Whom the gods envy
The gods envy him whose senses have been subdued, like horses broken in by the driver. Such an one who does his duty in life is enduring like the earth, firm like a pillar, clear like a lake without mud, and free forever from the wheel of birth and death.

In the light of his knowledge and freedom, all his words are peace, his thoughts are peace, and his deeds are peace.

He is free from credulous beliefs for he has seen the uncreated and eternal Nirvana; he has cut off the ties and temptations of the lower life, and has renounced all desire. He is indeed great among men.(95-97)

If one man conquers in battle a thousand times a thousand men, and another conquers himself, the second man would have a far greater conquest. For one's own self conquered is better than victory over other people.  Not even the gods in heaven or the demons in hell can change into defeat the victory of such a man. (103-105)

Drop by drop
Let no man think lightly of evil, saying in his heart: "It will not come to me." As water drop by drop fills a jar, the foolish man soon becomes full of evil, even as he gathers it little by little.

Let no man think lightly of good work, saying in his heart: "It will not come to me."  As water drop by drop fills a jar, the wise man soon becomes full of goodness, even as he gathers it little by little.(121, 122)

Like a well-trained horse touched by the whip, be eager and earnest; and by faith, by virtue, by strenuous striving, by deep contemplation and spiritual discernment of the Law, you will become perfect in knowledge and overcome the sorrow of life.

Well-makers control the flow of water, carpenters bend their wood, arrow-makers straighten their arrows, and good people fashion themselves. (144, 145)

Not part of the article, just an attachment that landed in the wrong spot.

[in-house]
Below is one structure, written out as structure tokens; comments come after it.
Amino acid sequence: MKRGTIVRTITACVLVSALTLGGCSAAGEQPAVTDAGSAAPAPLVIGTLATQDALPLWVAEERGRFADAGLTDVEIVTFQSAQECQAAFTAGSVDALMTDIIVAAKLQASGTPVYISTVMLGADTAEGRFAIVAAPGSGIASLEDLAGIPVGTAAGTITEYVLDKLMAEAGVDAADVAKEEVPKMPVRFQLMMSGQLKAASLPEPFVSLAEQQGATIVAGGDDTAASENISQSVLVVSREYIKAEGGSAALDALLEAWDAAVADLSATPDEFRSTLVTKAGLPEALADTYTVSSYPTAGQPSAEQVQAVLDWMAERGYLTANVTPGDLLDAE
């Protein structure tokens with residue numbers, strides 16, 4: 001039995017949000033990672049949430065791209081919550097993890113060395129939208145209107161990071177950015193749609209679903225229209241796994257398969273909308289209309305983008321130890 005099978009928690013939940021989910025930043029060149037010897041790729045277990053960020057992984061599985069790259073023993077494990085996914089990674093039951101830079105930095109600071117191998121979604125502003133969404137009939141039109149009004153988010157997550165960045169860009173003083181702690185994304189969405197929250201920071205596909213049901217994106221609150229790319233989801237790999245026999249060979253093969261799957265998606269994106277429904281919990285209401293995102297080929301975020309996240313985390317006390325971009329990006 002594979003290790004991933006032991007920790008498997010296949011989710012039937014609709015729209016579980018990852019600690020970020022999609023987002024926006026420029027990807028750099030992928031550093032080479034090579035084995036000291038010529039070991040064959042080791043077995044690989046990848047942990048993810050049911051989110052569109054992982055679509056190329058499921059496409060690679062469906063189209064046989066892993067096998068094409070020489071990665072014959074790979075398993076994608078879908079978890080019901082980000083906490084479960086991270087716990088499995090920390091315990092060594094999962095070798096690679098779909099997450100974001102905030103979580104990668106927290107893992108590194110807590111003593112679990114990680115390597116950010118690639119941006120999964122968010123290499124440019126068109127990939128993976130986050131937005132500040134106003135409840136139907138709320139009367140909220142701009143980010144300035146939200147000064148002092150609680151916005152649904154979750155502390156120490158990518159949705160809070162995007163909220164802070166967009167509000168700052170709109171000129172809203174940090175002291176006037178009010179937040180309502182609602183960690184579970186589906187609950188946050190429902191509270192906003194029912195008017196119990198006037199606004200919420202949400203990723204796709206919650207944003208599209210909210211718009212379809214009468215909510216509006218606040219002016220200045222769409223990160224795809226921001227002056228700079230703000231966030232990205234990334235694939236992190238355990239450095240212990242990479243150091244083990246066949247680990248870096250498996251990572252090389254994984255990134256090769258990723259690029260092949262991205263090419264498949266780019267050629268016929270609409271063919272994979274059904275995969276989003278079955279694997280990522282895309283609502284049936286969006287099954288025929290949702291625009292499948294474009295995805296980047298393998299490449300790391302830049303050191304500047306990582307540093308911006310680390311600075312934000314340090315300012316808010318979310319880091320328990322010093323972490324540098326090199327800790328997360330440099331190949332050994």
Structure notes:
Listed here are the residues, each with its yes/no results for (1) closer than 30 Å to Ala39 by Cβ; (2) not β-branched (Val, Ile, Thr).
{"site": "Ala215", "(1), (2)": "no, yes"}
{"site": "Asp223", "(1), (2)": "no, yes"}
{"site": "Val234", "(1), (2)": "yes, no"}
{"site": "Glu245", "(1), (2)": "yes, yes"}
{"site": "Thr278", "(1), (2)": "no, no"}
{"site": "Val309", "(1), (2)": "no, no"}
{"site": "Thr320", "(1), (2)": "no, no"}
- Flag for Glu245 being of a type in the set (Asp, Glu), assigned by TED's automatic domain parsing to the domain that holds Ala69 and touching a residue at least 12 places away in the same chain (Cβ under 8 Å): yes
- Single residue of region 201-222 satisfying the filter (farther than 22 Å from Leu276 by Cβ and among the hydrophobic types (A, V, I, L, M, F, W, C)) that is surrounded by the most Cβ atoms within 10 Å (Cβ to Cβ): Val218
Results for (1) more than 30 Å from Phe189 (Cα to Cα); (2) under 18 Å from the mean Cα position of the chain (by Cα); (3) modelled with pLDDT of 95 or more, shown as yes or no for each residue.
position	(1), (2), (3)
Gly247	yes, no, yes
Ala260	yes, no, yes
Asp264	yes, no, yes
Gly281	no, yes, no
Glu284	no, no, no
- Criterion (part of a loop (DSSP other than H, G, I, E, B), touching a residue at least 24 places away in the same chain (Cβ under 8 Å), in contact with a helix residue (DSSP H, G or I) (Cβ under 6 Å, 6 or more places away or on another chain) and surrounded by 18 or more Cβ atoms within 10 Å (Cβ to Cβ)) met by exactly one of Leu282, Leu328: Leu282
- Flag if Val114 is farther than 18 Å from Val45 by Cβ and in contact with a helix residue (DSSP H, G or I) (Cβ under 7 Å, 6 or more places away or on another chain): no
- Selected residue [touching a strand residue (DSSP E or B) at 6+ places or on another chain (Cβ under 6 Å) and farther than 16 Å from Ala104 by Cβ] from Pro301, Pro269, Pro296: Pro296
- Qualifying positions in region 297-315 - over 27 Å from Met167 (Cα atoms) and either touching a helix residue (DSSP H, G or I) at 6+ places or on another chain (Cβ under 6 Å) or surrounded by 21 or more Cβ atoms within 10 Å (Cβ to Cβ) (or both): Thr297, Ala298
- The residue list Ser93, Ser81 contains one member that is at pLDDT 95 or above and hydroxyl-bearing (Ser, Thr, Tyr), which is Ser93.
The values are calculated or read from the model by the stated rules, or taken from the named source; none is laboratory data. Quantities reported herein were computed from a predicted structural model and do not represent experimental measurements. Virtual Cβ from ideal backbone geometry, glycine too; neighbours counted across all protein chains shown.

I have gone round the cycles of many lives, looking for the maker of this house in vain, and painful is birth again and again.

But now I have seen you, maker of this house; never more will you build again. All the rafters are broken and the ridge-pole destroyed. The fever of life is gone and all desires are past, for my mind has reached the eternal Nirvana. (153, 154)

[verses 153, 154 are Buddha's utterance when he attained enlightenment]

If a man values his life, let him guard himself well. Of the three watches of his time, let him be watchful at least over one.

Let each one direct himself to what is right and proper, then can he teach others, avoiding thus pain and suffering. (157, 158)

Rare indeed
It is not often that one is born into human life. It is not often one hears the doctrine of Truth, and it is difficult and rare indeed the arising of a Buddha. (182)

The teaching of all the Buddhas
Not to commit any evil, but to do good and purify one's mind is the teaching of all the Buddhas.

Not to hurt by deed or word, to live restrained as taught by the Law, to be moderate in eating, to sleep and rest alone, and to dwell on the highest thoughts -- this is the teaching of the Buddhas. (183, 185)

Good deeds
As a traveller who has long been absent and coming home safe and sound is greeted with joy by his relatives, friends and comrades, so when a man passes from this world to the next after a life of merit, his good deeds welcome him as dear kinsmen on his return. (219, 220)

He who can hold back rising anger like a man controlling a chariot in full speed, this man I call a good driver; others merely hold the reins. (222)

Life seems hard
Life seems easy for the man who is shameless, bold and assertive, a mischief-maker and a slanderer, arrogant and corrupt. But life seems hard for the peaceful man, who ever strives for purity, who is quiet, disinterested and wise. (244, 245)

One's faults
It is easy to see the faults of others but difficult to see one's own. A man winnows his neighbour's faults like chaff but conceals his own as a cunning gambler conceal his die. (252)

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